Senioritis

A Mooresville businessman takes on AARP



John White says his organization offers a conservative alternative to AARP.

LOGAN CYRUS

John White sits on the deck of his Catawba County home, looking out at Lake Norman on a crisp December morning. The sunlight bounces off the water, its reflection undisturbed. A crow breaks the silence. White finds peace here even as, a few hundred miles up the road, President Obama prepares to give a White House briefing on issues that make his blood boil—debt, taxes, and gun control.

“Obama’s character is a scary thing,” he says. “It’s a scary thing.” The 63-year-old, who served on a nuclear submarine during Vietnam, believes the president doesn’t have the country’s best interests at heart.

That’s part of the reason he decided to launch the advocacy group National Association of Conservative Seniors last October. White runs a small advertising business that focuses on the medical industry. Many of the older people he meets believe no one in Washington is looking out for their needs. “They lose heart about what’s going on in the government,” White says. “Somebody’s gotta fight for them.”

White started spreading the word about his new organization to family, friends, and business contacts. He’s grown NAOCS to roughly 20,000 members from across the country, including many people upset with AARP.

“They’re really not standing up for conservative values,” he says of the politically powerful lobbying group for retirees. AARP did not endorse a candidate last year but drew the ire of conservatives when it backed health care reform in 2009.

White wanted to create an organization that mirrors AARP—but with an explicitly conservative slant. By lobbying policymakers and bombarding them with phone calls, he hopes to convince them to support “traditionally conservative values,” such as a strong military, lower taxes, and reduced spending. NAOCS members—who pay dues of up to $5 a month—can get discounts on everything from Vegas vacations to diabetic testing supplies. And “gold patriot” members can access an online click-to-call directory to reach lawmakers’ offices in Washington.

He spends his own money—into the six figures so far—to help fund the organization, which he runs from an office in his basement. His 27-year-old daughter, who shares his conservative beliefs, helps out a few hours a day. “I kinda drag them along,” he says of his family, chuckling.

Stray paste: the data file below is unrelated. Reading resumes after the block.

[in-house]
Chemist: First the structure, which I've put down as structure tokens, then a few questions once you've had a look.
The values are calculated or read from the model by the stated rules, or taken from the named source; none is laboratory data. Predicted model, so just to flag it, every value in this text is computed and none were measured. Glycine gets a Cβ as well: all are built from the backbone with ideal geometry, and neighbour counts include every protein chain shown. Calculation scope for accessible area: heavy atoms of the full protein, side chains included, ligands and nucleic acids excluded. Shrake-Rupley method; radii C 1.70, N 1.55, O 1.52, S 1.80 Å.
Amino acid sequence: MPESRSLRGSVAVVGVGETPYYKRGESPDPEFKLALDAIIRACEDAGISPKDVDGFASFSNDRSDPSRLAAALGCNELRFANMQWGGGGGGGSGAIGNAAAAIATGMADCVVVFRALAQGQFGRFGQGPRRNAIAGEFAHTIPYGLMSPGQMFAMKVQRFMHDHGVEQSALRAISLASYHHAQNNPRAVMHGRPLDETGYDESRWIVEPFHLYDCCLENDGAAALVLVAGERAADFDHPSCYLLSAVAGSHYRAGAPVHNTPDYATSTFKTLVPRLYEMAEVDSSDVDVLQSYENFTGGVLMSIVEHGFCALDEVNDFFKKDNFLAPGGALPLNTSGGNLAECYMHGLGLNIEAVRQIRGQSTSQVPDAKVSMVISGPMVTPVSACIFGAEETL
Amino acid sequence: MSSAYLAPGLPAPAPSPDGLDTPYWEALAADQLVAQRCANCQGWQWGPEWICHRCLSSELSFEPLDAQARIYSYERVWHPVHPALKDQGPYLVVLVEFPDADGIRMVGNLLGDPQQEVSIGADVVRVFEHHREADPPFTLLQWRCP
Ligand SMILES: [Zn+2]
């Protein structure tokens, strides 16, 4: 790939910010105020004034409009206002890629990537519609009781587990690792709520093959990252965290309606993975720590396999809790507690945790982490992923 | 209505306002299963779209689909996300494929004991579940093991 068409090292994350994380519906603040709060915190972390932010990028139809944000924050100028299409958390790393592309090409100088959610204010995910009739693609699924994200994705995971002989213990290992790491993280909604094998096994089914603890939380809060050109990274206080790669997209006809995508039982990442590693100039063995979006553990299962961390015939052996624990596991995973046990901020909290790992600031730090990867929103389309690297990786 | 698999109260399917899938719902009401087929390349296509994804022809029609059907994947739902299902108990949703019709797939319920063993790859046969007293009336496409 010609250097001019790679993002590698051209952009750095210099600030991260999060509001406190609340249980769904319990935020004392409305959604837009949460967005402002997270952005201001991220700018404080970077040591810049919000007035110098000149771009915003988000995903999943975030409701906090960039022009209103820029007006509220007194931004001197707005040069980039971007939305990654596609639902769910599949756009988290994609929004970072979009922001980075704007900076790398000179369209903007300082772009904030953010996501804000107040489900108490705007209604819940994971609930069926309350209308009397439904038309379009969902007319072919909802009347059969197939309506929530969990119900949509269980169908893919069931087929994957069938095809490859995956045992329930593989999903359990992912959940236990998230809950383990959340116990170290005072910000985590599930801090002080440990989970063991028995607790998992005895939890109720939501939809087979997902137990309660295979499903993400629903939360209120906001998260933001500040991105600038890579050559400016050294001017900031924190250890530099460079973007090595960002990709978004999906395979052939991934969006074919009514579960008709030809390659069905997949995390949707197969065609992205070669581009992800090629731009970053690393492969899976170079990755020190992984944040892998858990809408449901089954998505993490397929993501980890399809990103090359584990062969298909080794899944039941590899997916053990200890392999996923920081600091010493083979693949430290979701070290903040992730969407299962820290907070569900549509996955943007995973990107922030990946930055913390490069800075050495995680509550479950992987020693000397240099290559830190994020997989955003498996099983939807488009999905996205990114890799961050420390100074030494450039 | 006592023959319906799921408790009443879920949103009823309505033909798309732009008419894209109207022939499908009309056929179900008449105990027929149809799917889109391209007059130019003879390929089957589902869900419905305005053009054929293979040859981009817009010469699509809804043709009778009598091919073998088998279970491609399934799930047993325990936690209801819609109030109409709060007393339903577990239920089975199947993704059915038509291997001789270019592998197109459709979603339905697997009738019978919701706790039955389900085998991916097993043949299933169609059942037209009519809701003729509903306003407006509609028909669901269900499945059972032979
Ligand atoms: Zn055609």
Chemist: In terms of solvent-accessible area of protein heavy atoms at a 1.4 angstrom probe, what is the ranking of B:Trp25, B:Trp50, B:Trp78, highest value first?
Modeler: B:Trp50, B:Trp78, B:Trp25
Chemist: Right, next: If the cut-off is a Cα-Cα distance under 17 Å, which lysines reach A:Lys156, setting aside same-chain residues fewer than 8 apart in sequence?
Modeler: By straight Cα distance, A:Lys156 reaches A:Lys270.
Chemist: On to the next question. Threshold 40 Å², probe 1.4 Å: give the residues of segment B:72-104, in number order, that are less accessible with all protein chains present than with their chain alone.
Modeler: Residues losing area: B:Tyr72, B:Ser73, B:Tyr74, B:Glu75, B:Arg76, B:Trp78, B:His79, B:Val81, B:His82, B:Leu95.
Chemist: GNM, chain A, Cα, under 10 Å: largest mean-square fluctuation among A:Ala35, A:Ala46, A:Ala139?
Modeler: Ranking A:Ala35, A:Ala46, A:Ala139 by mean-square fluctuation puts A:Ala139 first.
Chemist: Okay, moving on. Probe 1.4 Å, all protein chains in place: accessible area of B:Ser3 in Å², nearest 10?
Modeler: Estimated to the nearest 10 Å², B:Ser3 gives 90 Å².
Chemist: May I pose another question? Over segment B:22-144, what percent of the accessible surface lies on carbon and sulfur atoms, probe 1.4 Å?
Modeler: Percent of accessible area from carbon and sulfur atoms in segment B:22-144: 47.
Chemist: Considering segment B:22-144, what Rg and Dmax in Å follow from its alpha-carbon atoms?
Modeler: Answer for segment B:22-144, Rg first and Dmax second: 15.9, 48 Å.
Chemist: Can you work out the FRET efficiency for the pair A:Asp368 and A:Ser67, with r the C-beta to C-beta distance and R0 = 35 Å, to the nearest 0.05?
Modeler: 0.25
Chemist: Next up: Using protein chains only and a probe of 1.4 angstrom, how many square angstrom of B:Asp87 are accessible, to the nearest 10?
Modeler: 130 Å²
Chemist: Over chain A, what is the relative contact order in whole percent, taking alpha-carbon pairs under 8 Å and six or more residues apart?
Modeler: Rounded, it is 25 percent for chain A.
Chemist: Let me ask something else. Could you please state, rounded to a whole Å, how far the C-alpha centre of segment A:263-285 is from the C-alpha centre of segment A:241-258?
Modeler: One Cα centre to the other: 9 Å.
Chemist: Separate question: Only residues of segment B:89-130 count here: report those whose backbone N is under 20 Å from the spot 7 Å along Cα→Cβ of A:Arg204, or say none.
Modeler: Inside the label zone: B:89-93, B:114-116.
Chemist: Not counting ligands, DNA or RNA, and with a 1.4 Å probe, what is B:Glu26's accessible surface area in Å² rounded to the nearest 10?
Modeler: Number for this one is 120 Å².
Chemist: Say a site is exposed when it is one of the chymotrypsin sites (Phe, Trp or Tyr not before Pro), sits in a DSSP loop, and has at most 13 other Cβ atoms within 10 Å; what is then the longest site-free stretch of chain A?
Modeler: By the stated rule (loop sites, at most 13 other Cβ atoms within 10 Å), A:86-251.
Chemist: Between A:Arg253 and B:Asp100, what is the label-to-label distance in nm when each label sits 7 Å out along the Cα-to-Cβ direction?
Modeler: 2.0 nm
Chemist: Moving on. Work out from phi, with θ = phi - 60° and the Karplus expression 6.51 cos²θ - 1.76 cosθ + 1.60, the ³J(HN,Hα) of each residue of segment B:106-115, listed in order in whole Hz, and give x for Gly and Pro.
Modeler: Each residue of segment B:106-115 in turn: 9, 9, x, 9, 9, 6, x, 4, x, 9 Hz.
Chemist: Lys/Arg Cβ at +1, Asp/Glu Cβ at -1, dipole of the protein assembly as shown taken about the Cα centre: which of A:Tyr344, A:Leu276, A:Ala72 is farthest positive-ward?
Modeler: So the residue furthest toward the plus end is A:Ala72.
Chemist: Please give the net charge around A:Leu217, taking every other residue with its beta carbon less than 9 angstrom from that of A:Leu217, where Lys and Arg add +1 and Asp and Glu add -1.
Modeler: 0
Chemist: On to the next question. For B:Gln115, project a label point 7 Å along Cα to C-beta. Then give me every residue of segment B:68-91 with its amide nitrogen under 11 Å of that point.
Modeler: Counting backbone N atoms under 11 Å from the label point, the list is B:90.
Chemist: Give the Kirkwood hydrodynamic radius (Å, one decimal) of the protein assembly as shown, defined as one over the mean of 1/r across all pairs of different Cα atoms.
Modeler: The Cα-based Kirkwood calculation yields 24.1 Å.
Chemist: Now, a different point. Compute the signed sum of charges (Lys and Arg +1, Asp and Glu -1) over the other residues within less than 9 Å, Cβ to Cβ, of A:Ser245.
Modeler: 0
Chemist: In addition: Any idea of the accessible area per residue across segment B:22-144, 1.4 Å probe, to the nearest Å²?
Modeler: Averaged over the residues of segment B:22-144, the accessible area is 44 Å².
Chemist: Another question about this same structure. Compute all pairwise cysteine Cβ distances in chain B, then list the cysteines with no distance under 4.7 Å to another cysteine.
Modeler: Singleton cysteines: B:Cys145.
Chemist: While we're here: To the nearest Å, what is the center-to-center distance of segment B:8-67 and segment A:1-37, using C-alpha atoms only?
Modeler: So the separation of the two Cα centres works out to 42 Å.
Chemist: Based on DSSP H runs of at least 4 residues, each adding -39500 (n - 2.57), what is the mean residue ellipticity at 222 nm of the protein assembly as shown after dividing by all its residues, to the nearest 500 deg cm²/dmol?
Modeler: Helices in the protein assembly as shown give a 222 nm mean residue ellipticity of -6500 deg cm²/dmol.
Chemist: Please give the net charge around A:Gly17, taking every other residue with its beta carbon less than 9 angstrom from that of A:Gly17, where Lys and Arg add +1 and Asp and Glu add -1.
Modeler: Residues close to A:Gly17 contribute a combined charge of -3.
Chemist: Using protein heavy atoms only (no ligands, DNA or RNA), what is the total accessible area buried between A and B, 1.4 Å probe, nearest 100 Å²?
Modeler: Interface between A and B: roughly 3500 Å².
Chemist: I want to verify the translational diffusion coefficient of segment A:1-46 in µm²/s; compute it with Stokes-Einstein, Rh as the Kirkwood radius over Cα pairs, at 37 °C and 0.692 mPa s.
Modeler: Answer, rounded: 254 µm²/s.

As conservatives rally against the president in his second term, groups like White’s will become more common, predicts Michael Bitzer, a professor of political science at Catawba College. “This [organization] may be the next son or daughter of the Tea Party,” Bitzer says.

NAOCS started running national radio ads in December, and White hopes to hire a Christian lobbying firm soon. He wants to make sure lawmakers get the message. “I’m going to stay the course,” he says, “because I don’t think they should get away with what they get away with.”

 

 

More »Related Stories

The Story of Charlotte, Part 7: Bills of Rights

The mills bring growth and the city expands, giving Charlotteans the freedom to live in such faraway places as the new neighborhood of Dilworth. But after a series of political fights, many residents will soon feel the full grip of oppression

Split Tickets: Charlotte's Cultural Sector

Many large local arts organizations and shows are setting records. Big money is pouring into a major fundraising campaign led by Hugh McColl. But the news isn’t good everywhere. Smaller companies are struggling, with some even shutting down. Can Charlotte sustain both?

Dr. J. Michael Bitzer: The Professor on Speed Dial

When reporters need analysis of the Tillis-Hagan race—or any other political matter, really—they call him. So how did this bow tie-wearing, statistics-loving, Southern politics-following academic from Clemson become everybody’s go-to source?

What's for Breakfast?

We invite your responses and discussion. Please refrain from personal attacks, profanity, commercial promotion, or non sequiturs.

Add your comment:

Newsletters

Stay up-to-date on all things Charlotte by signing up for our newsletters. Learn more by clicking here.

Newsletter Sign Up
Email*
 

Blogs »


Dine & Dish

News, Notes, and Gossip About the Charlotte Restaurant Scene

Try This: Scallops at Nan & Byron's

Scallops are tricky, but Nan & Byron's new-ish head chef Kyle Rhodes has come up with a way to fuse the shellfish with classic fall flavors

Comments


Charlotte at Home

Creating Your Space in the Queen City

A Cheese Plate for the Tailgate

We consult the experts for a casual game-day assortment

Comments


Poking the Hornet's Nest

Greg Lacour on Politics

The Group That's Taking On 'Citizens United'

A national group with a Charlotte chapter is trying to drum up support for the abolition of corporate personhood. Are they dreamers, realists, or both?

Comments


Revue

Andy Smith on Charlotte Arts & Culture

This Weekend in Charlotte: Bachtoberfest, GUTS CLT, Halloween at the Haven

Comments


Dusk Till Dawn

Jarvis Holliday Chronicles Charlotte's Nightlife and Social Scene, Straight No Chaser

Buzz Fest, Celebrity DJs and Parties, Dogtoberfest, Grave Diggers Ball, Seahawks vs. Panthers Viewing Parties, and More - Oct. 23-26

The 20 social events and parties you should know about this Thursday through Sunday.

Comments